Isa Ferrall: Making Solar Energy Economical
- Major: Mechanical Engineering
- Sub-Plan: Energy and the Environment Certificate
- Grand Challenge: Engineering Better Medicines
- GC Advisor: Professor Jeffrey Glass
- Project Title: Growing Flowers on Forests: Examining the Electrodeposition of Manganese Dioxide on graphenated-Carbon-Nanotubes for Improved Energy-Storage via Supercapacitor Devices
By Isa Ferrall
I have used the amazing opportunity of being a National Academy of Engineering Grand Challenge Scholar to immerse myself in the clean/renewable/sustainable energy field and have pursued research to push the field even farther forward. I worked in Dr. Jeff Glass’s Nanomaterials and Thin Films laboratory on two different projects relating to solar fuels and energy storage. I believe that one of the most effective ways to make solar energy economical is to provide better energy storage. One way of storing solar energy is to produce hydrogen from light by using the surface of certain materials as a catalyst. For my first project, I grew, characterized and tested thin films for their water splitting performance under light. Photoelectrochemical water splitting allows for hydrogen to be produced and stored as a fuel with only solar input.
The Grand Challenge Program has provided a focus for the endless array of things I have engaged in at Duke and has given me a greater purpose for pursuing engineering both at Duke and in the future.
During my second project, I worked on more conventional energy storage by writing my senior thesis on the processing of manganese dioxide on carbon nanotubes to achieve better and more reliable materials for supercapacitors. The project’s goal is to be able to pair the supercapacitors with photovoltaic cells in a footprint design so that the energy can be both produced and stored in the same device.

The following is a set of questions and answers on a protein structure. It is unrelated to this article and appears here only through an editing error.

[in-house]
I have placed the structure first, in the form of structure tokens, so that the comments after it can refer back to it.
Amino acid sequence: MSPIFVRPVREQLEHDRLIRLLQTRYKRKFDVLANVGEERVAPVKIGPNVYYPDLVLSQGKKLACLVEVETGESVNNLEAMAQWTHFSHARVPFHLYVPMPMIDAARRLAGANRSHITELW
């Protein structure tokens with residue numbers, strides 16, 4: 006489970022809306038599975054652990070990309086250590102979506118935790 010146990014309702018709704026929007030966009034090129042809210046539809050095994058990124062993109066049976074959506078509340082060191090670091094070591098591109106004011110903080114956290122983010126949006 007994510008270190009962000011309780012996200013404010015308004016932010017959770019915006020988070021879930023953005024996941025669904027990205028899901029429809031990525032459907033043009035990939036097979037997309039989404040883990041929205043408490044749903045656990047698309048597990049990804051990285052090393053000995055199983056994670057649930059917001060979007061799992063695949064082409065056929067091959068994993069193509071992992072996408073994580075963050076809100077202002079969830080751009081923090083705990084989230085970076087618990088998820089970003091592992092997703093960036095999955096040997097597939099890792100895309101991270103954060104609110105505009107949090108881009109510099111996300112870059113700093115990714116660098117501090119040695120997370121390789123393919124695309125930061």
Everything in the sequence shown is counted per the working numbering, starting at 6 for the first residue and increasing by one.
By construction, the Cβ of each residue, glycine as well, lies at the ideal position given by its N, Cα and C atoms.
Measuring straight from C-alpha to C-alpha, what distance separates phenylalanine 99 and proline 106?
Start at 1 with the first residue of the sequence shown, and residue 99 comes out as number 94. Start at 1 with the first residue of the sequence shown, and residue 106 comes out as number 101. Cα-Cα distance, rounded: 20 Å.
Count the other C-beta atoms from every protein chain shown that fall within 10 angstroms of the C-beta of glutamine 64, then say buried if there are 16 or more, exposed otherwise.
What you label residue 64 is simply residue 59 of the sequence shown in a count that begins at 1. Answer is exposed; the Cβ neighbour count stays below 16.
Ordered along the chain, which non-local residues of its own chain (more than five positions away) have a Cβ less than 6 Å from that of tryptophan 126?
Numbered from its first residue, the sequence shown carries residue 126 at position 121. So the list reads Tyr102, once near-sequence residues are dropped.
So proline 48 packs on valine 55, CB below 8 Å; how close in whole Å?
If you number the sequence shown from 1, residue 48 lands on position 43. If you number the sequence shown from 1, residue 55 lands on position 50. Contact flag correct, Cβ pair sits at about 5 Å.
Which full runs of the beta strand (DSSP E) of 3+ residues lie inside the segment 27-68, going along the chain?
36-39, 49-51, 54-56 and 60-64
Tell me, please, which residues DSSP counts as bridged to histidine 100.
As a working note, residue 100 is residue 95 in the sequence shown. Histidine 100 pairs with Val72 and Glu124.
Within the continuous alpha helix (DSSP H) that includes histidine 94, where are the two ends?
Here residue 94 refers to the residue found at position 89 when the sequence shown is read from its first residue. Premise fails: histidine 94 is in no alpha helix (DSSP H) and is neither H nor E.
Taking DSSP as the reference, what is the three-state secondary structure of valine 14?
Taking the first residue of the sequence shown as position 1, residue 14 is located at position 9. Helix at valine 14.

Thanks to the Grand Challenge Program, I have had access to world-class research instrumentation labs, participated in interdisciplinary and advanced courses in energy, attended presentations and conferences, and engaged in global service, all of which deepened my awareness and heightened my motivation to develop practical solutions for society's energy problems. The Grand Challenge Program has provided a focus for the endless array of things I have engaged in at Duke and has given me a greater purpose for pursuing engineering both at Duke and in the future. I plan to pursue a career in the renewable energy field with a focus on materials for solar energy. I recognize that by the time I have a steady career, the world’s energy landscape will look very different than it does today, but my experiences at Duke have prepared me to tackle both the present and future Grand Challenges of Engineering.